Tag Archives: Questions

Day 7: Introspection (05/22/2017)

Today began with at 4:45 with a sunrise – the first I’ve actively watched in years. I watched it alone, some much needed time to reflect. I felt sheer gratitude to witness such a glorious sight at such a special location.

Later in the morning, my class and I boated out to three different reefs. The boatrides were spectacular, displaying discrete shades of blue. There was a crisp turquoise above sand patches, a deep muted turquoise above patch reefs, a dark royal blue across the horizon, and an electric, almost synthetic looking cerulean a short distance from the boat.

Each reef we visited had it’s own character and noteworthy residents. The first (“The Channel”) had mounds of corals in deeper water. A notable sighting was a cluster of three large gray angelfish (Pomacanthus arcuatus) that moved in tandem.

The second reef (“The Aquarium”) consisted of shallow depths and very active fish. Two noteworthy sightings were a flounder under sand and a stoplight parrotfish (Sparisoma viride) that burped up algae.

Today’s final reef was the same patch reef we visited yesterday and on our fist day snorkeling. The reef appeared more visible and felt easier to navigate. The most unusual animal seen there was a pufferfish (Family Tetraodontidae).

I searched all three reefs for echinoderms. On the seafloor, I found a couple urchin skeletons, maxing at about two-inches in diameter, but nothing significant. Today’s lack of echinoderm encounters is likely because I did not overturn any rubble to look for them.

The afternoon was spent dissecting lionfish our instructors caught during earlier reef visits. It was interesting learning about how invasive species, like the lionfish, have had such harmful effects on ecosystems. It is truly astounding how many ecological and environmental issues humans have created.

Pterois spp. about to be dissected

The world is so big, and I am just one of seven billion humans, which belong to one of six million animal species. Gazing at the sun inch its way across the horizon compels me to think about my place in the world. What issues do I regularly encounter? Do I choose to intervene? How?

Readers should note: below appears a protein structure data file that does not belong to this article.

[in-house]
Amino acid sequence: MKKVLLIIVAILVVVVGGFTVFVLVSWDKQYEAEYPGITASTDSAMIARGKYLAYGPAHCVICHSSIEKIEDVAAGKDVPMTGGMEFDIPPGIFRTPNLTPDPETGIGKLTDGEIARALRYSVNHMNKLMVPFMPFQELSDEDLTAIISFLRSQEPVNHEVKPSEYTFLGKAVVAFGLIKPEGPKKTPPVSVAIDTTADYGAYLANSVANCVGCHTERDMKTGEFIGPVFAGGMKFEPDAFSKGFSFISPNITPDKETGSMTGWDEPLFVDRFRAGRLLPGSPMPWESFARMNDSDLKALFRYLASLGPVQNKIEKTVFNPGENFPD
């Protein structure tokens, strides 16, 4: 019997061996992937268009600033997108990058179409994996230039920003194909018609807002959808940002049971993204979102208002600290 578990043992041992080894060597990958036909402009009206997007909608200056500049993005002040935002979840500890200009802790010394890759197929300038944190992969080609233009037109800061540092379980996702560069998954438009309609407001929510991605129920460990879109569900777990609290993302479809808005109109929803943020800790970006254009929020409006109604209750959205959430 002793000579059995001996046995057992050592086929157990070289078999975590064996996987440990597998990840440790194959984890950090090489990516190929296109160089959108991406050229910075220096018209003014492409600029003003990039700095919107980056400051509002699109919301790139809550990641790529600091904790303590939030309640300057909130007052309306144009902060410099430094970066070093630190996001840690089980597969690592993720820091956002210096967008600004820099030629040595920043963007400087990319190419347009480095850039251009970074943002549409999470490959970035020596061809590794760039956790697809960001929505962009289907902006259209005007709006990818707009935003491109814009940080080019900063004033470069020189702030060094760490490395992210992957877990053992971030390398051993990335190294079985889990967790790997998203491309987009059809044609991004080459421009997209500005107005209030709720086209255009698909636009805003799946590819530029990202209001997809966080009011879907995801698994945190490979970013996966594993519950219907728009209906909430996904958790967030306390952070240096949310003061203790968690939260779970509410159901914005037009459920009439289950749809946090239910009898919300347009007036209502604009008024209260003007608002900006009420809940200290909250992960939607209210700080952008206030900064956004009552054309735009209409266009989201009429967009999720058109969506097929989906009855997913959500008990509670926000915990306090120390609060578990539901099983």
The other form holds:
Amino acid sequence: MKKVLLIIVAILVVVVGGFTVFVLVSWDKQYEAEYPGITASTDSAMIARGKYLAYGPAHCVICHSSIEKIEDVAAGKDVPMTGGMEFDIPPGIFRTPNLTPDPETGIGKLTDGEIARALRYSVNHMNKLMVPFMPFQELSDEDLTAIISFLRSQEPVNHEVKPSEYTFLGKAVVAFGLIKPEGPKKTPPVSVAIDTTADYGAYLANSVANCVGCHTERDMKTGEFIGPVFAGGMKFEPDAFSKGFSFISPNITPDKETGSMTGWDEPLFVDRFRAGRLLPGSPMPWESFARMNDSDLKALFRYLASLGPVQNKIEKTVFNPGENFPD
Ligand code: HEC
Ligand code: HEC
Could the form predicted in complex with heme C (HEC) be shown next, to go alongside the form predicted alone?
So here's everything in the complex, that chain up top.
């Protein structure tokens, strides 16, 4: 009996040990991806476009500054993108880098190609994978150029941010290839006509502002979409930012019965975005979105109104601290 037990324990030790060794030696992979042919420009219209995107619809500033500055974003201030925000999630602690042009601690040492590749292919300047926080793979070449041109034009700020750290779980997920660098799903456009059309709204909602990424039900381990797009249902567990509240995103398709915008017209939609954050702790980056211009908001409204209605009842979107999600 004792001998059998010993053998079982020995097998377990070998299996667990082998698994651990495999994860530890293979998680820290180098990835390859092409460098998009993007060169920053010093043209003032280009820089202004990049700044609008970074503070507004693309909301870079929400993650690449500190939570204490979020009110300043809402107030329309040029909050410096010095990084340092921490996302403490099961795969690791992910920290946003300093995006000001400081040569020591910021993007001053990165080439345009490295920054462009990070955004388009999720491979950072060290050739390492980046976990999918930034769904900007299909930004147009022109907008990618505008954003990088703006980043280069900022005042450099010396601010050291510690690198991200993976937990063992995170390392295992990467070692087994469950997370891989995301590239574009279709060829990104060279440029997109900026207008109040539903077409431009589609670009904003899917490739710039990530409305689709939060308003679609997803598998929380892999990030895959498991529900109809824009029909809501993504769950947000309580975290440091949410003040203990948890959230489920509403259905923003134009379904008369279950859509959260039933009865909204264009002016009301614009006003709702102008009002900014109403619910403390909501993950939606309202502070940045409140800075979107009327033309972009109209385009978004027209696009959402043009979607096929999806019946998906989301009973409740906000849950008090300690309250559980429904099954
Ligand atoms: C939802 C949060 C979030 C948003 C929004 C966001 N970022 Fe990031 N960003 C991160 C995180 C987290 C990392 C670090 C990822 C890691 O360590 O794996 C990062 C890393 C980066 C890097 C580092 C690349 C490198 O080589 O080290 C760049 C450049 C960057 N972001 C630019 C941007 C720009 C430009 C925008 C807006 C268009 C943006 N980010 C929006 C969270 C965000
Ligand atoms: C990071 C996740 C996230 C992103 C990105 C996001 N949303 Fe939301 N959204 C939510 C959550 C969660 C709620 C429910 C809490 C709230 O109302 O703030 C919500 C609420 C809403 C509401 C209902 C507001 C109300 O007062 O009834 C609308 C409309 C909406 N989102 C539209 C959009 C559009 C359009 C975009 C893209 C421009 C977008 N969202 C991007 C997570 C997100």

Only time will tell how I will respond to the world’s future issues, but until then, I can take time to think. Today, it took a sunrise to force my to take time to introspect. Ordinarily, I constantly look and listen and study, but it is rare that I pause and think critically about the world’s issues and my role in their causations and solutions.
That is something that I want to change.

Day 15: Home bound

We’ve packed and left Glover’s to perform one last tour of the Carrie Bow Cay and a final dive in the Twin Caye mangroves, a habitat with unique saline-tolerant trees that not only serve as a great fish nursery from many ocean fishes, but also as a carbon reserve that takes more CO2 from the atmosphere than many other tree biomes, making their conservation a priority. While the insides of mangroves are oxygen poor and harsh, the edges of a mangrove forest harbor diverse life forms ranging from sponges, to juvenile fishes, to magnificent feather duster worms, and most importantly to me, jellyfishes.

The mangroves are carpeted with two species of jellyfish: Cassiopea frondosa and Cassiopea xamachana. These guys are also known as upside down jellyfishes, since they orient their tentacles upwards to energize the photosynthetic symbionts that live in there, similar to how corals foster photosynthetic algae in their polyps. These symbionts give each jellyfish a different color, ranging from yellow to orange to even green. With the hundreds of jellyfishes that lay on the sea floor, it was almost like a carpet mosaic. Adrienne, one of our instructors this trip, wondered why more jellyfish hadn’t adopted this kind of lifestyle, considering how numerous and successful the upside down jellyfishes were. We also wondered whether these guys could be a transition between sedentary polyps that have symbiotic algae and free-swimming jellyfishes that feed on prey. I need to brood on these questions for a bit, but I’m not sure I’ll find an answer to this evolutionary problem.

For now, I need to consolidate my thoughts on the fact of leaving the country. I’ll make sure to update you all on my final thoughts and musings. Definitely felt a lifetime pass in just two weeks and can’t wait to share all the pictures!